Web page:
- Genome Rearrangements: Genome rearrangements are structural changes in the DNA sequence of an organism's genome that involve the reorganization of large DNA segments. These rearrangements can result from various processes, such as DNA breakage and repair, replication errors, or the activity of mobile genetic elements like transposons. Genome rearrangements can have significant consequences for an organism, as they can alter gene structure, regulation, and function, leading to phenotypic changes, adaptation, or, in some cases, disease. There are several types of genome rearrangements:
- Deletions: Deletions occur when a segment of DNA is removed from the genome. This can lead to the loss of one or more genes or regulatory elements, potentially resulting in a loss of gene function or altered gene expression.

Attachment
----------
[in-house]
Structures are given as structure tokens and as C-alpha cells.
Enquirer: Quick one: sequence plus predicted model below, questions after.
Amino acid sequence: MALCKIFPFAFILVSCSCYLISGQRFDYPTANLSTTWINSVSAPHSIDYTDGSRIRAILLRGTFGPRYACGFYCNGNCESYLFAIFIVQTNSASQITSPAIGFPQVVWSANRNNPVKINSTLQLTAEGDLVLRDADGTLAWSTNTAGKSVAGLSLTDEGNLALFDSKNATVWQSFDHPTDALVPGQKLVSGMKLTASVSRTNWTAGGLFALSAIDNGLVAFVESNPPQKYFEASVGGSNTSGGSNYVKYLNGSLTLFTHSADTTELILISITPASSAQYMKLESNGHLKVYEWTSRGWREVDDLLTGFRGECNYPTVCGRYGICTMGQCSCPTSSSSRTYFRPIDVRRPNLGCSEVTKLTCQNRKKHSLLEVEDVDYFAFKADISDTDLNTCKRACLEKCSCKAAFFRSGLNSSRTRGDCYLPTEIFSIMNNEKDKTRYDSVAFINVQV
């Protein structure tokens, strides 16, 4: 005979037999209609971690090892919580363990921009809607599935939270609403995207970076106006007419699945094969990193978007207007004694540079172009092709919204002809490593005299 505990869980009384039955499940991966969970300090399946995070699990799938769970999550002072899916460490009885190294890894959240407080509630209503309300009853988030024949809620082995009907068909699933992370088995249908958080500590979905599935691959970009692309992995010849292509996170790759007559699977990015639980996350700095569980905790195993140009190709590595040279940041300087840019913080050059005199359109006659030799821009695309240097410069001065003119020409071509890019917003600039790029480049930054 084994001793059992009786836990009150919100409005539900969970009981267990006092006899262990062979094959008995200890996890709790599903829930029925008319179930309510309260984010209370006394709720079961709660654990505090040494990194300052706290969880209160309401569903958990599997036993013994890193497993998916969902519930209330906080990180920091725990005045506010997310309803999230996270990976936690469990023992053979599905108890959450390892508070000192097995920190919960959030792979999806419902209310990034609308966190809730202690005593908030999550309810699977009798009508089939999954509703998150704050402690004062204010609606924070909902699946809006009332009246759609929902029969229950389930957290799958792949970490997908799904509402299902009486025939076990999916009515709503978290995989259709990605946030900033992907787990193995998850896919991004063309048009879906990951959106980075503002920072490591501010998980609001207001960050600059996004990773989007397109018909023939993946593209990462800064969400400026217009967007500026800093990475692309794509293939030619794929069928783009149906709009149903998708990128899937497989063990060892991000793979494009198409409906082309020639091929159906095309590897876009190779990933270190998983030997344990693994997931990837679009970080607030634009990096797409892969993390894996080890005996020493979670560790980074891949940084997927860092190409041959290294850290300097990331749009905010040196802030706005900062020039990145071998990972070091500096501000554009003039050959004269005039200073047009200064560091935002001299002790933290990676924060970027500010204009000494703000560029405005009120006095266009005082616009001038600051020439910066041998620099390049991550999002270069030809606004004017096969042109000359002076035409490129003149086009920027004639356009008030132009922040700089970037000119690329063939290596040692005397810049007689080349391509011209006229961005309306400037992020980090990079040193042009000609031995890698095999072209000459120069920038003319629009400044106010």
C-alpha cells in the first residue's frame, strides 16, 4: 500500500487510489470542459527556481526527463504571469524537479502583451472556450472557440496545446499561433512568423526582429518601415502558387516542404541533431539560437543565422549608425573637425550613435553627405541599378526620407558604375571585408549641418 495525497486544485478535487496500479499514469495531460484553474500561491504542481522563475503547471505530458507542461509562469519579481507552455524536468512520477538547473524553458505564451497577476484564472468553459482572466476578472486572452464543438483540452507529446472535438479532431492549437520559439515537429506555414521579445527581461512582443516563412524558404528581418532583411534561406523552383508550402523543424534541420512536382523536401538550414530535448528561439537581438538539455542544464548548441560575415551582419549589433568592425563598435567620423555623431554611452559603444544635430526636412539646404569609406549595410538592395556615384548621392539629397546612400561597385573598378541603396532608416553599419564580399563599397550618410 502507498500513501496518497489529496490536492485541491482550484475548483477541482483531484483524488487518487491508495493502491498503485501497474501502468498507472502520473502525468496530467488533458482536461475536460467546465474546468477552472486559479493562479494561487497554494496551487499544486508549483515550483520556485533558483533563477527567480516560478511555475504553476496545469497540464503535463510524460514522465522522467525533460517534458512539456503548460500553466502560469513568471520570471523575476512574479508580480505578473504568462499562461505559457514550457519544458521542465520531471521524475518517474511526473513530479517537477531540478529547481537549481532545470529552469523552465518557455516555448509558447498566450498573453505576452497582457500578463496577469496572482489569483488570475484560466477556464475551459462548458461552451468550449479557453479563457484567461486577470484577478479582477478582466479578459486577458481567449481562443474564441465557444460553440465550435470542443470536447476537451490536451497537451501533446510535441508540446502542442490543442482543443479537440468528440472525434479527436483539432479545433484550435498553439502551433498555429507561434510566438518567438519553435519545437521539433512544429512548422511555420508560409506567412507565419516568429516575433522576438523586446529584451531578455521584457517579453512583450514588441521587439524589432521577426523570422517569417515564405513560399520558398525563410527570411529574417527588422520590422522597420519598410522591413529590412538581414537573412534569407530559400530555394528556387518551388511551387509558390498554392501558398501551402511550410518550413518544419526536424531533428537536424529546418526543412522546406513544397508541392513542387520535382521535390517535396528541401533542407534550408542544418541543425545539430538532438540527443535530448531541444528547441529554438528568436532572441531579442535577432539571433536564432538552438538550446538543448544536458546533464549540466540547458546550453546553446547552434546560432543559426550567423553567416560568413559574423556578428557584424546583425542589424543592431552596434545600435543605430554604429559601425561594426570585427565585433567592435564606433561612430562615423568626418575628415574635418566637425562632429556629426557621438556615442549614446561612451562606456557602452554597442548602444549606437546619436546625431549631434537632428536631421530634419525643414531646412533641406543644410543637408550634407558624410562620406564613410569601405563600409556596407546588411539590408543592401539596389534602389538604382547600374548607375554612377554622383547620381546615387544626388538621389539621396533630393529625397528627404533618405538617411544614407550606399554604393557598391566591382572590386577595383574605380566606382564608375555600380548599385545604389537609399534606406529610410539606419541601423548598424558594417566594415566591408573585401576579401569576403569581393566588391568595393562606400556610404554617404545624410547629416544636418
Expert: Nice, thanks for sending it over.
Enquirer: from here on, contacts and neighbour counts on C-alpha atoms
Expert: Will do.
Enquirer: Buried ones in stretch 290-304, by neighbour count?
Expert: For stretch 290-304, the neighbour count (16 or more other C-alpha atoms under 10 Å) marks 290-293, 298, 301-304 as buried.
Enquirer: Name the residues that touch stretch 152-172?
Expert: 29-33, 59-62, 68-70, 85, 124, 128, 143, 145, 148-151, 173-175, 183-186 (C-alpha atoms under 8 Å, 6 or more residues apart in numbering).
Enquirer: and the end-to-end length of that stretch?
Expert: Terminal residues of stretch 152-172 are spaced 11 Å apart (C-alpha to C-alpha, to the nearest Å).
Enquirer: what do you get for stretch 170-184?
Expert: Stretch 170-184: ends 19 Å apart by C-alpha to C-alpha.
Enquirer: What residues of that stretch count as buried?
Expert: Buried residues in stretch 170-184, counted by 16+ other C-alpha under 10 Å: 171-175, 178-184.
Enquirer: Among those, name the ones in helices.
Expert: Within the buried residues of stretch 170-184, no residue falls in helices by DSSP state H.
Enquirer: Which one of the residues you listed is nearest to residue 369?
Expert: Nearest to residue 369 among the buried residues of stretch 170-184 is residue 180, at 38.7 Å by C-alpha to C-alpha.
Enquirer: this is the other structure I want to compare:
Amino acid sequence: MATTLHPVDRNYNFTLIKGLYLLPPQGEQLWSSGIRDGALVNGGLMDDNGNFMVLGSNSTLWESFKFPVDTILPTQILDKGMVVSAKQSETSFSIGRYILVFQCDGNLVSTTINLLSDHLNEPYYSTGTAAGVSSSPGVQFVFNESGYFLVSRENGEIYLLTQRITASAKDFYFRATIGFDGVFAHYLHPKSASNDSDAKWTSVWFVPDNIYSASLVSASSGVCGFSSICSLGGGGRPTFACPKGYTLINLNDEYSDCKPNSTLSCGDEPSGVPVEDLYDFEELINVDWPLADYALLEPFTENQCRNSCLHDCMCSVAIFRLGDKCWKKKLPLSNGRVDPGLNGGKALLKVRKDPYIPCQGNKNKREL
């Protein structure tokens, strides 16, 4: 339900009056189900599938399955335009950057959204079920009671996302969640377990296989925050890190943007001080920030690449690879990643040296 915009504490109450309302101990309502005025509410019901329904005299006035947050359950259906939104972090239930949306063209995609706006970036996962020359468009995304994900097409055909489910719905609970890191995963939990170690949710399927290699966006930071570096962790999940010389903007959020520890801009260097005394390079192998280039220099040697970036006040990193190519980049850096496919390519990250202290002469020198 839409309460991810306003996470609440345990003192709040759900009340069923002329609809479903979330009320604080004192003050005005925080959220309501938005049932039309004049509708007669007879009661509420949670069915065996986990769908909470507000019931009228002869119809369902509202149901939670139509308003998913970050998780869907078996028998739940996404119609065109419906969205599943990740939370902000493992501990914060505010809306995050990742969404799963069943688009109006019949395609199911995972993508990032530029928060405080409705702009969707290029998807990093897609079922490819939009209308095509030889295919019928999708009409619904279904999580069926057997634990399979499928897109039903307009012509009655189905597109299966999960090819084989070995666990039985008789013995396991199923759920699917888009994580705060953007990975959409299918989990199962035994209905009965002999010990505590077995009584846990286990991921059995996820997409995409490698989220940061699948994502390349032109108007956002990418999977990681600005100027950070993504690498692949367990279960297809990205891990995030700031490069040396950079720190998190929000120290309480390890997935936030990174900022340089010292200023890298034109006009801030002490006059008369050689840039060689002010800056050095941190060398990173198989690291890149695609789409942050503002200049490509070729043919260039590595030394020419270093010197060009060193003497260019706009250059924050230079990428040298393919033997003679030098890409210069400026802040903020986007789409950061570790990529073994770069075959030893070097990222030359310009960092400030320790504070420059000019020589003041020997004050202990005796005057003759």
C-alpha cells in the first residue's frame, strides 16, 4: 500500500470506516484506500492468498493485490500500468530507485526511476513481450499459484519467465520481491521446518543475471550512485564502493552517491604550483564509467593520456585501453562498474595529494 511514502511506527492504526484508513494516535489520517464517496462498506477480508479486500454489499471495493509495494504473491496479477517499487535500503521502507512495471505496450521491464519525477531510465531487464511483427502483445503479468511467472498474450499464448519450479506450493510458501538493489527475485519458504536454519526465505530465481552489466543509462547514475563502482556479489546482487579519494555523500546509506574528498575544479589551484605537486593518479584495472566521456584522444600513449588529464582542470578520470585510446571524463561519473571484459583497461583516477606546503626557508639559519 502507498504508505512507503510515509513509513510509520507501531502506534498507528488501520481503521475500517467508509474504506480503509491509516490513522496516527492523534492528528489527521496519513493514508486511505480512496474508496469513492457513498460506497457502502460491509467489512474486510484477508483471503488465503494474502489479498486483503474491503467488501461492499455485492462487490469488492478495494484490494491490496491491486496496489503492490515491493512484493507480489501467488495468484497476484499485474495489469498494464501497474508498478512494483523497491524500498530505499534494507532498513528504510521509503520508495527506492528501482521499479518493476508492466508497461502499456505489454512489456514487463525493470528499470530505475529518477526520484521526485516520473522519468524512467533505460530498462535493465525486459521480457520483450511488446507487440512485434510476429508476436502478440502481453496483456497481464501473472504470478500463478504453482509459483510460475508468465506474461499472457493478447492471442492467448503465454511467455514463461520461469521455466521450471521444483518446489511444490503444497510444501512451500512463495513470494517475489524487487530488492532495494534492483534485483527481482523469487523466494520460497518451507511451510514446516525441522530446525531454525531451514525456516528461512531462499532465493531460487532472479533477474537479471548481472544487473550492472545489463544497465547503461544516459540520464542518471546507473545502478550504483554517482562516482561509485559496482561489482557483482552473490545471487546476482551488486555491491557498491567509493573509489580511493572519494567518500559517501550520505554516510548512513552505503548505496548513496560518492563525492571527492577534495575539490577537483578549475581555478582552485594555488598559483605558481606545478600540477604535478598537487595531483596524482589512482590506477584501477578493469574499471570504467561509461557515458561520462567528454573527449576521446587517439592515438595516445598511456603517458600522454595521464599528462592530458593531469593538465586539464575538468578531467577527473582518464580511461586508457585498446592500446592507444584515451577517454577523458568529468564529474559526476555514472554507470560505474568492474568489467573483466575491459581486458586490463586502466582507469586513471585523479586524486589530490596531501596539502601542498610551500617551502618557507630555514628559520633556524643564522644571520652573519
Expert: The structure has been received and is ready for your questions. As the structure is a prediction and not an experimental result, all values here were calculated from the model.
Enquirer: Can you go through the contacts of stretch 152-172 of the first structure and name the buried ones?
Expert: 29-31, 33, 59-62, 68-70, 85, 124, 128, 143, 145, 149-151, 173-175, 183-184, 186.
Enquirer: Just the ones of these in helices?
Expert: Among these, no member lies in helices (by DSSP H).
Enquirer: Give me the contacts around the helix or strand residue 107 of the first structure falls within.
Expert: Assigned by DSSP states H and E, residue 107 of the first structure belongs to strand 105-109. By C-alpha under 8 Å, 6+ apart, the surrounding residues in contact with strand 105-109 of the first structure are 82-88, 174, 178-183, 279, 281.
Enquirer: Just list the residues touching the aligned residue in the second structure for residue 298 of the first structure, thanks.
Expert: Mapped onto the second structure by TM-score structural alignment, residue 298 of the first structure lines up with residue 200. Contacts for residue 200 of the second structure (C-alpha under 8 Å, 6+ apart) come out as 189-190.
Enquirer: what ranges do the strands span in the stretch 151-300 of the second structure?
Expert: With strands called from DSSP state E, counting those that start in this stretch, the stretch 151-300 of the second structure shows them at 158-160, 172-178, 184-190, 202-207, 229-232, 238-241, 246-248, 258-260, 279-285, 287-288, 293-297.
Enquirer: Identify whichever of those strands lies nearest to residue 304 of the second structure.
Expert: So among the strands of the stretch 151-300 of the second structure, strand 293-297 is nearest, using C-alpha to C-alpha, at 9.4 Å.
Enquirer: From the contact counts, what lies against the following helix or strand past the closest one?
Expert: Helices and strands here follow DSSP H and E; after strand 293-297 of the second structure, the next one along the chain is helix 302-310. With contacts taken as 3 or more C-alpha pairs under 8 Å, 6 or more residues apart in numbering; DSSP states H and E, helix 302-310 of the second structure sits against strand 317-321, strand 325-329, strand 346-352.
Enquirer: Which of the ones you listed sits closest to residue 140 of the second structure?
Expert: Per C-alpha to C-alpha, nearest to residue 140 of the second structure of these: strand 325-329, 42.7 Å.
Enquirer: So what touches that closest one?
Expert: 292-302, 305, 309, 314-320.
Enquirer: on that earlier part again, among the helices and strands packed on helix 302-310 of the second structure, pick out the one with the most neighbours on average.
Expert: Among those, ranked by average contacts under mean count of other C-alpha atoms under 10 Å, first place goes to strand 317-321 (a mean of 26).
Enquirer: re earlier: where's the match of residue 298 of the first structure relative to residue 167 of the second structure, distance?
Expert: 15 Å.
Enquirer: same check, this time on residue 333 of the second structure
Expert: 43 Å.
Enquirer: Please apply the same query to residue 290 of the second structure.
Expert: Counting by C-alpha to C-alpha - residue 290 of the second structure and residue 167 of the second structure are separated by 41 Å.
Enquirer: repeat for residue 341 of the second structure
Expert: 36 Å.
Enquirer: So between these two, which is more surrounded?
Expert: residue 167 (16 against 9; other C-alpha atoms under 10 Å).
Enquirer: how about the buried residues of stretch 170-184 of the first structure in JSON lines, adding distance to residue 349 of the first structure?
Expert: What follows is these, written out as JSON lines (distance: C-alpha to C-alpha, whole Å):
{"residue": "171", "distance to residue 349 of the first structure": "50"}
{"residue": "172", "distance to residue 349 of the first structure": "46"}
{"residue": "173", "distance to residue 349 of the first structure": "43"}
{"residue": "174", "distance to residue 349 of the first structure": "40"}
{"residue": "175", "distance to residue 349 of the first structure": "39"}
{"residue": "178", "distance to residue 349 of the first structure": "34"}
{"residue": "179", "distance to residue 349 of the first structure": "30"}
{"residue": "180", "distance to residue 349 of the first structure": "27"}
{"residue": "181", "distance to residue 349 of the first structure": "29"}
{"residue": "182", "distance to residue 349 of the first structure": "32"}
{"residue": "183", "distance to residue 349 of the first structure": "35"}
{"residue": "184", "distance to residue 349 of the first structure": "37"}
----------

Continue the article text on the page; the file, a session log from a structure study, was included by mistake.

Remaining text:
- Duplications: Duplications involve the generation of an extra copy of a DNA segment. Gene duplications can give rise to new gene functions or lead to an increase in gene dosage, which may have adaptive benefits or cause genetic imbalances.
- Inversions: An inversion rearranges a DNA segment by flipping it in the reverse orientation relative to the surrounding sequence. Inversions can disrupt genes or alter their regulatory context, potentially affecting gene function or expression.
- Translocations: Translocations involve the exchange of DNA segments between non-homologous chromosomes. These rearrangements can disrupt genes, create chimeric genes, or alter gene regulation, and have been implicated in various genetic diseases and cancers.
- Insertions: Insertions occur when a DNA segment is added to the genome. This can result from the integration of mobile genetic elements, such as transposons, or the insertion of exogenous DNA, such as viral DNA. Insertions can disrupt genes, alter regulatory elements, or cause genomic instability. Genome rearrangements can have various consequences for an organism:
- Evolution and adaptation: Genome rearrangements can generate genetic diversity, providing raw material for natural selection to act upon. In some cases, rearrangements may confer adaptive benefits, such as the acquisition of new gene functions or resistance to environmental stressors.